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First confirmed destruction of UK-supplied Challenger 2 tank by Russian Forces in Ukraine

According to a tweet by War Noir on September 5, 2023, Russian Forces successfully destroyed one of the 14 Challenger 2 Main Battle Tanks (MBTs) donated by the United Kingdom to Ukraine. The incident occurred near Robotyne in Zaporizhzhia Oblast and targeted a tank belonging to the 82nd Air Assault Brigade.
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Several details confirm the first destruction of a UK-supplied Challenger 2 tank in Ukraine (Picture source: War Noir/Twitter and Wikimedia)

An analysis of the footage by the Army Recognition editorial team confirms this significant event and provides insights into various key details. The analysis reveals distinct features of the Challenger 2 tank, including the muzzle reference system at the end of the gun (1), the circular fume extractor with straight ends (2), the angled front of the turret with a rectangular box for optics above the gun's base, and a curved rear turret with an identifiable antenna base (4). Furthermore, a close examination of the tank's barrel showed characteristic ripples of a thermal sleeve, which adds credibility to the assessment.

While the exact Russian weapon responsible for the tank's destruction (at the time of the first publication of this article) and the fate of its crew remain unknown, the video suggests that the tank sustained a direct hit on its left flank, as indicated by the location of flames visible in the footage. The 82nd Air Assault Brigade, to which this tank belonged, had recently been involved in counter-offensive operations alongside other combat vehicles, including Marder 1A3s and Strykers.

According to a later tweet by Clash Report on September 5, 2023, the Challenger 2 was destroyed by a Russian Kornet anti-tank guided missile (ATGM).

The Kornet missile possesses a substantial range, with the capacity to engage targets at distances of up to 5.5 kilometers (approximately 3.4 miles) for the Kornet-EM variant, which is an extended-range version. This extended range allows the missile to engage enemy tanks and other armored targets from a secure distance.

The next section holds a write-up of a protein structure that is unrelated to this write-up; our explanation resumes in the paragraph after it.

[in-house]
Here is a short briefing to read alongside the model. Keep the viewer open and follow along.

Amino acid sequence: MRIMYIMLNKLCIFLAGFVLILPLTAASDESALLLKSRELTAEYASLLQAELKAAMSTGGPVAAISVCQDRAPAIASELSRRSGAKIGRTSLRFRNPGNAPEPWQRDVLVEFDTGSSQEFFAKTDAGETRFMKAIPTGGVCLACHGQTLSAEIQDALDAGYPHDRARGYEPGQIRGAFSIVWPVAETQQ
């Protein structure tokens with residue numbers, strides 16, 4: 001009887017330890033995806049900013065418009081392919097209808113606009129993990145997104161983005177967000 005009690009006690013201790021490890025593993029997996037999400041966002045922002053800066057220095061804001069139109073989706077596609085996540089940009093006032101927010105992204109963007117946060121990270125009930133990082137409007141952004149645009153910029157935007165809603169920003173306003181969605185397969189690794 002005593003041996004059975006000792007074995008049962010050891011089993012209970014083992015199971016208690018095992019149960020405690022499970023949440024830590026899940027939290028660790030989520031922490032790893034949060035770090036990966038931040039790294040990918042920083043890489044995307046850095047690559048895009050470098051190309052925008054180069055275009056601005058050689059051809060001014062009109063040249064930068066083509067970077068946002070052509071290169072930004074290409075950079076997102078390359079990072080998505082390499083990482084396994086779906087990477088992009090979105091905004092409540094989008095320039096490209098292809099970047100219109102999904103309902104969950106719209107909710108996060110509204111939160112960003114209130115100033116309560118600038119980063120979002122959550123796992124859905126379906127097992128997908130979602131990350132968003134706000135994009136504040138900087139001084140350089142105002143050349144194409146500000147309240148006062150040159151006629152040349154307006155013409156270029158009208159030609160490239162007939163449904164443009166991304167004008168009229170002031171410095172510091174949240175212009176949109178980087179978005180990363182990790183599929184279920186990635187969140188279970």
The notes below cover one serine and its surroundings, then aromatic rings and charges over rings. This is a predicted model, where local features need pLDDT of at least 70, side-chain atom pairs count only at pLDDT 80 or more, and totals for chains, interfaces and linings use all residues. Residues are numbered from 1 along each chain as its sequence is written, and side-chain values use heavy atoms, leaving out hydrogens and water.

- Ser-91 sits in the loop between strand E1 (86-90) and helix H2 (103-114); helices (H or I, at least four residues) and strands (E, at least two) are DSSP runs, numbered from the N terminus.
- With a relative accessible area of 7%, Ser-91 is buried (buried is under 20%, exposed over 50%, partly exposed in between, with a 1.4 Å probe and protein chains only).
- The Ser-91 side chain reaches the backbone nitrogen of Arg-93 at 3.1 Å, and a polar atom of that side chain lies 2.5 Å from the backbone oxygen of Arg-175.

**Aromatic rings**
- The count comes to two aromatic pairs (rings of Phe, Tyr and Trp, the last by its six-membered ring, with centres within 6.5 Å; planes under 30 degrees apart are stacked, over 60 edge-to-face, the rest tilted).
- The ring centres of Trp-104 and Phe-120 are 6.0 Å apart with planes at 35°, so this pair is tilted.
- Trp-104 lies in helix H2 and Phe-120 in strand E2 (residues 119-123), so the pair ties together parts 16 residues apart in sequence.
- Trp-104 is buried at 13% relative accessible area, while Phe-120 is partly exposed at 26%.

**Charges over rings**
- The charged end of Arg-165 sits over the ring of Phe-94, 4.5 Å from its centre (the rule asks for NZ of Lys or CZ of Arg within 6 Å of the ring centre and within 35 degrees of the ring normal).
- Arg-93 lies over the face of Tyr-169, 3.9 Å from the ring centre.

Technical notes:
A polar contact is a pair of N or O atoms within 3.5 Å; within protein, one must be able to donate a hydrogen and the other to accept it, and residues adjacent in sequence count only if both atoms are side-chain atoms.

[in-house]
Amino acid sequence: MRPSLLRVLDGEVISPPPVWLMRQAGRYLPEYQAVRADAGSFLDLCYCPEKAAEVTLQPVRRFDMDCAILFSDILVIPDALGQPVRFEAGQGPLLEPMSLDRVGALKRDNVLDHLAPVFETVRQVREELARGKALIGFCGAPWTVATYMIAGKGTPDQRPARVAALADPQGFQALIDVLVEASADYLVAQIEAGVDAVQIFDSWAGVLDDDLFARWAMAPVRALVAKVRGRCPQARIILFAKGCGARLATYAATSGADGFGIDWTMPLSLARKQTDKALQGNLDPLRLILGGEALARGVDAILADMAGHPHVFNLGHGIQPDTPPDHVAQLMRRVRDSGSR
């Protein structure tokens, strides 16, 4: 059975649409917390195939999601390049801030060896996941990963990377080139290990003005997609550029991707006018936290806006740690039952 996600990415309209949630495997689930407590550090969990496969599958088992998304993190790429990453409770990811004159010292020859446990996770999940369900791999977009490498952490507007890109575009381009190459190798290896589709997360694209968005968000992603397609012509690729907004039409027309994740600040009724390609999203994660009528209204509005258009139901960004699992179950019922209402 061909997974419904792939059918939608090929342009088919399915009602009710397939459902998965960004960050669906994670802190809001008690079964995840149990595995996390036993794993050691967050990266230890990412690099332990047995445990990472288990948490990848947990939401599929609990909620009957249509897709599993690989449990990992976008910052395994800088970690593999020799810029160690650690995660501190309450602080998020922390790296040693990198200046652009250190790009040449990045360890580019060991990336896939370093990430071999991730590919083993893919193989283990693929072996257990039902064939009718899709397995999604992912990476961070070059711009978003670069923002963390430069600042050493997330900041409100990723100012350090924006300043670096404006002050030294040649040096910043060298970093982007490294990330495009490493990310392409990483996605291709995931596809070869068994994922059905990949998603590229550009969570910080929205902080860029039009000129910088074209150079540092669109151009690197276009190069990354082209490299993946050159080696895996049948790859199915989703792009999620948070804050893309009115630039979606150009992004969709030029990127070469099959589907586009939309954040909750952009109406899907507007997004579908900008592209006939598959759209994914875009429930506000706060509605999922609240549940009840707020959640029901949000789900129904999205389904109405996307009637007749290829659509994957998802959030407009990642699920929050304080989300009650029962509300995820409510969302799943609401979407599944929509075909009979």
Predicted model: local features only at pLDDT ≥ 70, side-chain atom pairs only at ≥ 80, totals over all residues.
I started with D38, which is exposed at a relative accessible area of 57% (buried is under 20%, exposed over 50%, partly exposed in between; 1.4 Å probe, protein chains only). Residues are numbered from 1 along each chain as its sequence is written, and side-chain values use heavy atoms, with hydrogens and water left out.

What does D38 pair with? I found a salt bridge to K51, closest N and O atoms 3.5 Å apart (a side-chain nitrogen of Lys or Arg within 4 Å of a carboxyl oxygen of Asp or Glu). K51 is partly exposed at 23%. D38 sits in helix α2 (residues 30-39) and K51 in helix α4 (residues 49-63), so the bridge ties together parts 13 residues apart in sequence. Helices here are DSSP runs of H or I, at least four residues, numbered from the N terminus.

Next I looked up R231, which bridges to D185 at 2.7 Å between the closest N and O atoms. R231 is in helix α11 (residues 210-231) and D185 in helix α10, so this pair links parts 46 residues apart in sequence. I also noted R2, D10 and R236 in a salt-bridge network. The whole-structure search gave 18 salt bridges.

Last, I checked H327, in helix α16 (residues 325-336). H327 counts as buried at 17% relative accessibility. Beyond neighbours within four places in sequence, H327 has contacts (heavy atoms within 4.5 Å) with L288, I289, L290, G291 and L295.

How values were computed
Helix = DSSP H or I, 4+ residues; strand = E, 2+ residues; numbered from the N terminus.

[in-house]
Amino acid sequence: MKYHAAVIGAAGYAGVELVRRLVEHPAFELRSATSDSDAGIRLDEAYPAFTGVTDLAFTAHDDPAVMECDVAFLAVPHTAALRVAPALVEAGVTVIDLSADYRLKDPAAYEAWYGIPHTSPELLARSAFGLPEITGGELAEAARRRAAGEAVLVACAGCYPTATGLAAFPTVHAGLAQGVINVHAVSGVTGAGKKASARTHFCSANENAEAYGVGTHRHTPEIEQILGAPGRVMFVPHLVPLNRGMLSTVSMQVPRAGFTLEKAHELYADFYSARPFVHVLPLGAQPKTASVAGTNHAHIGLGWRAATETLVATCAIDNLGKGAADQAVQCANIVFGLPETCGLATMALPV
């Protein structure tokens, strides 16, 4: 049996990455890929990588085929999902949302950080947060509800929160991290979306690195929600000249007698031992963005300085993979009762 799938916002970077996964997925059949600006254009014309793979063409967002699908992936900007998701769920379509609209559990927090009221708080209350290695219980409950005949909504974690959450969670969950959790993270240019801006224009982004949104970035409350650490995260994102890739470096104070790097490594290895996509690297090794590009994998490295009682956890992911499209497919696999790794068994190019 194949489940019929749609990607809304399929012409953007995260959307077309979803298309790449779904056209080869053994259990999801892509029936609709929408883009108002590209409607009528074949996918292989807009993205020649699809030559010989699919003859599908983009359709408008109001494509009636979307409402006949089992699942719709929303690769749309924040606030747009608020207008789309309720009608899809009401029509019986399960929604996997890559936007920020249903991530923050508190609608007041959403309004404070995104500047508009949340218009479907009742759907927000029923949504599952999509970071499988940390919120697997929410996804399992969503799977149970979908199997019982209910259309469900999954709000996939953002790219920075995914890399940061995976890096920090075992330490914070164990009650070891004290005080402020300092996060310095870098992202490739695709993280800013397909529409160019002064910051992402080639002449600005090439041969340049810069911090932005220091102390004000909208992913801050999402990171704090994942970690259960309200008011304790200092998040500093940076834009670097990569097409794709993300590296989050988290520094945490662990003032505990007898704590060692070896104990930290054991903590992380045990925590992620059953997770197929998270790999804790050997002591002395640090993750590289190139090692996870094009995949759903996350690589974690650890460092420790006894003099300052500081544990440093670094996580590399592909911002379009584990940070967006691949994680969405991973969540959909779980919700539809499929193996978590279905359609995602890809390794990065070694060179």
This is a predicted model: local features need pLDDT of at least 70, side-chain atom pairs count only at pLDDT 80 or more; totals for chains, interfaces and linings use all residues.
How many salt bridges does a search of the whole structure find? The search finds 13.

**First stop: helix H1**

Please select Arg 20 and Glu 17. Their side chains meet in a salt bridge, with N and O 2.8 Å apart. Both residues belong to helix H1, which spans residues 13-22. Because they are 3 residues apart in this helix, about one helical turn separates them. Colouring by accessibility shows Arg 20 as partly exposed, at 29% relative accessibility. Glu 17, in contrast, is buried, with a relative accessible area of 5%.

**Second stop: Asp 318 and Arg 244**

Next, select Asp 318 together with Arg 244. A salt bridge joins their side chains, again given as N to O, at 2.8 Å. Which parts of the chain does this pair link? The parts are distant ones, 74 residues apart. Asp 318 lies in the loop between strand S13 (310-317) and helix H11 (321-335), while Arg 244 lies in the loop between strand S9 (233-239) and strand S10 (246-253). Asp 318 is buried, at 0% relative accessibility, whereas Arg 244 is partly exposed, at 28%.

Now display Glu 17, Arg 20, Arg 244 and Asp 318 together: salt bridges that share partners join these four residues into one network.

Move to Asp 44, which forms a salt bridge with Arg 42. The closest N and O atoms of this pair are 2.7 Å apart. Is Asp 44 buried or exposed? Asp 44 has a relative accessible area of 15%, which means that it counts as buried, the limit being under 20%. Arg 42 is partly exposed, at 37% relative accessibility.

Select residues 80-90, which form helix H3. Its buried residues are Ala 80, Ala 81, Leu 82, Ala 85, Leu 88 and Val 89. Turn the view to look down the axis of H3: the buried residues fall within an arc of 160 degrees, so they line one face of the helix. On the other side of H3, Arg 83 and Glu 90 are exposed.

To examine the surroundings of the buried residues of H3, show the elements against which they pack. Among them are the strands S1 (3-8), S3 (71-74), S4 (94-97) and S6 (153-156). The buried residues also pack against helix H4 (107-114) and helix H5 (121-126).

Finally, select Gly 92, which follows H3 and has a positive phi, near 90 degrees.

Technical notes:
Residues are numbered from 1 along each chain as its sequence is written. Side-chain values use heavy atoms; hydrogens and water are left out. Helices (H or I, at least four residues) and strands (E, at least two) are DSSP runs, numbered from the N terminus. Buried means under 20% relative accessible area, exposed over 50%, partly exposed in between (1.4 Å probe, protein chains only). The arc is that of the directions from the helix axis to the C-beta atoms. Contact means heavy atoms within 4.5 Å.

The Kornet ATGM is designed to effectively penetrate modern tank armor. It utilizes a tandem-charge warhead, which can defeat reactive armor and penetrate armor with a thickness ranging from 1,100 to 1,300 millimeters of Rolled Homogeneous Armor (RHA) after the reactive armor has been triggered. This level of armor penetration ensures the Kornet's effectiveness against various armored vehicles, including main battle tanks such as the Leopard, Challenger, and the American M1A1 Abrams.

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A better view of the Challenger 2 wreckage, taken by a Russian drone (Picture source: Frontbird/Telegram)

This incident marks a significant development since January 2023 when the British Ministry of Defense announced the donation of a squadron of 14 Challenger 2 MBTs from the British army military inventory to Ukraine. The tanks were supplied with their associated ammunition and were intended to replace the aging Soviet-made T-80BV tanks currently in service with Ukrainian air assault brigades.

The Challenger 2, which entered service with the British Army in 1998, is currently undergoing a life extension program to extend its service life until 2035. Known for its combat effectiveness, the tank has played roles in various conflicts, including operations in Iraq in the 2000s. It is currently in service with British army units such as the Queen’s Royal Hussars, the King’s Royal Hussars, and the Royal Tank Regiment.

This main battle tank features a conventional design, with a crew of four, including the driver positioned at the front center of the hull. The turret, housing the commander, gunner, and loader, is situated in the middle, while the powerpack resides at the rear. To enhance battlefield survivability, the turret and hull incorporate Chobham composite ceramic armor over the frontal arc, providing resistance against shaped charge jets and kinetic energy penetrators.

The Challenger 2 is armed with a 120 mm rifled tank gun designated as the L30A, equipped with a thermal sleeve, fume extractor, and muzzle reference system. This gun can fire various projectiles, including armor-piercing fin-stabilized discarding sabot (APFSDS), high-explosive squash head (HESH), smoke rounds, and depleted uranium (DU) rounds with a stick-charge propellant. Additionally, the tank features a 7.62mm coaxial machine gun for engaging infantry and lighter targets at close ranges. An additional 7.62mm machine gun is mounted on the loader hatch.

The Challenger 2 is powered by a 12-cylinder Perkins CV12 diesel engine generating 1,500 hp, coupled to a David Brown TN54 gearbox with six forward and two reverse gears. This combination allows the tank to achieve a maximum road speed of 59 km/h with a maximum cruising range of 450 km.


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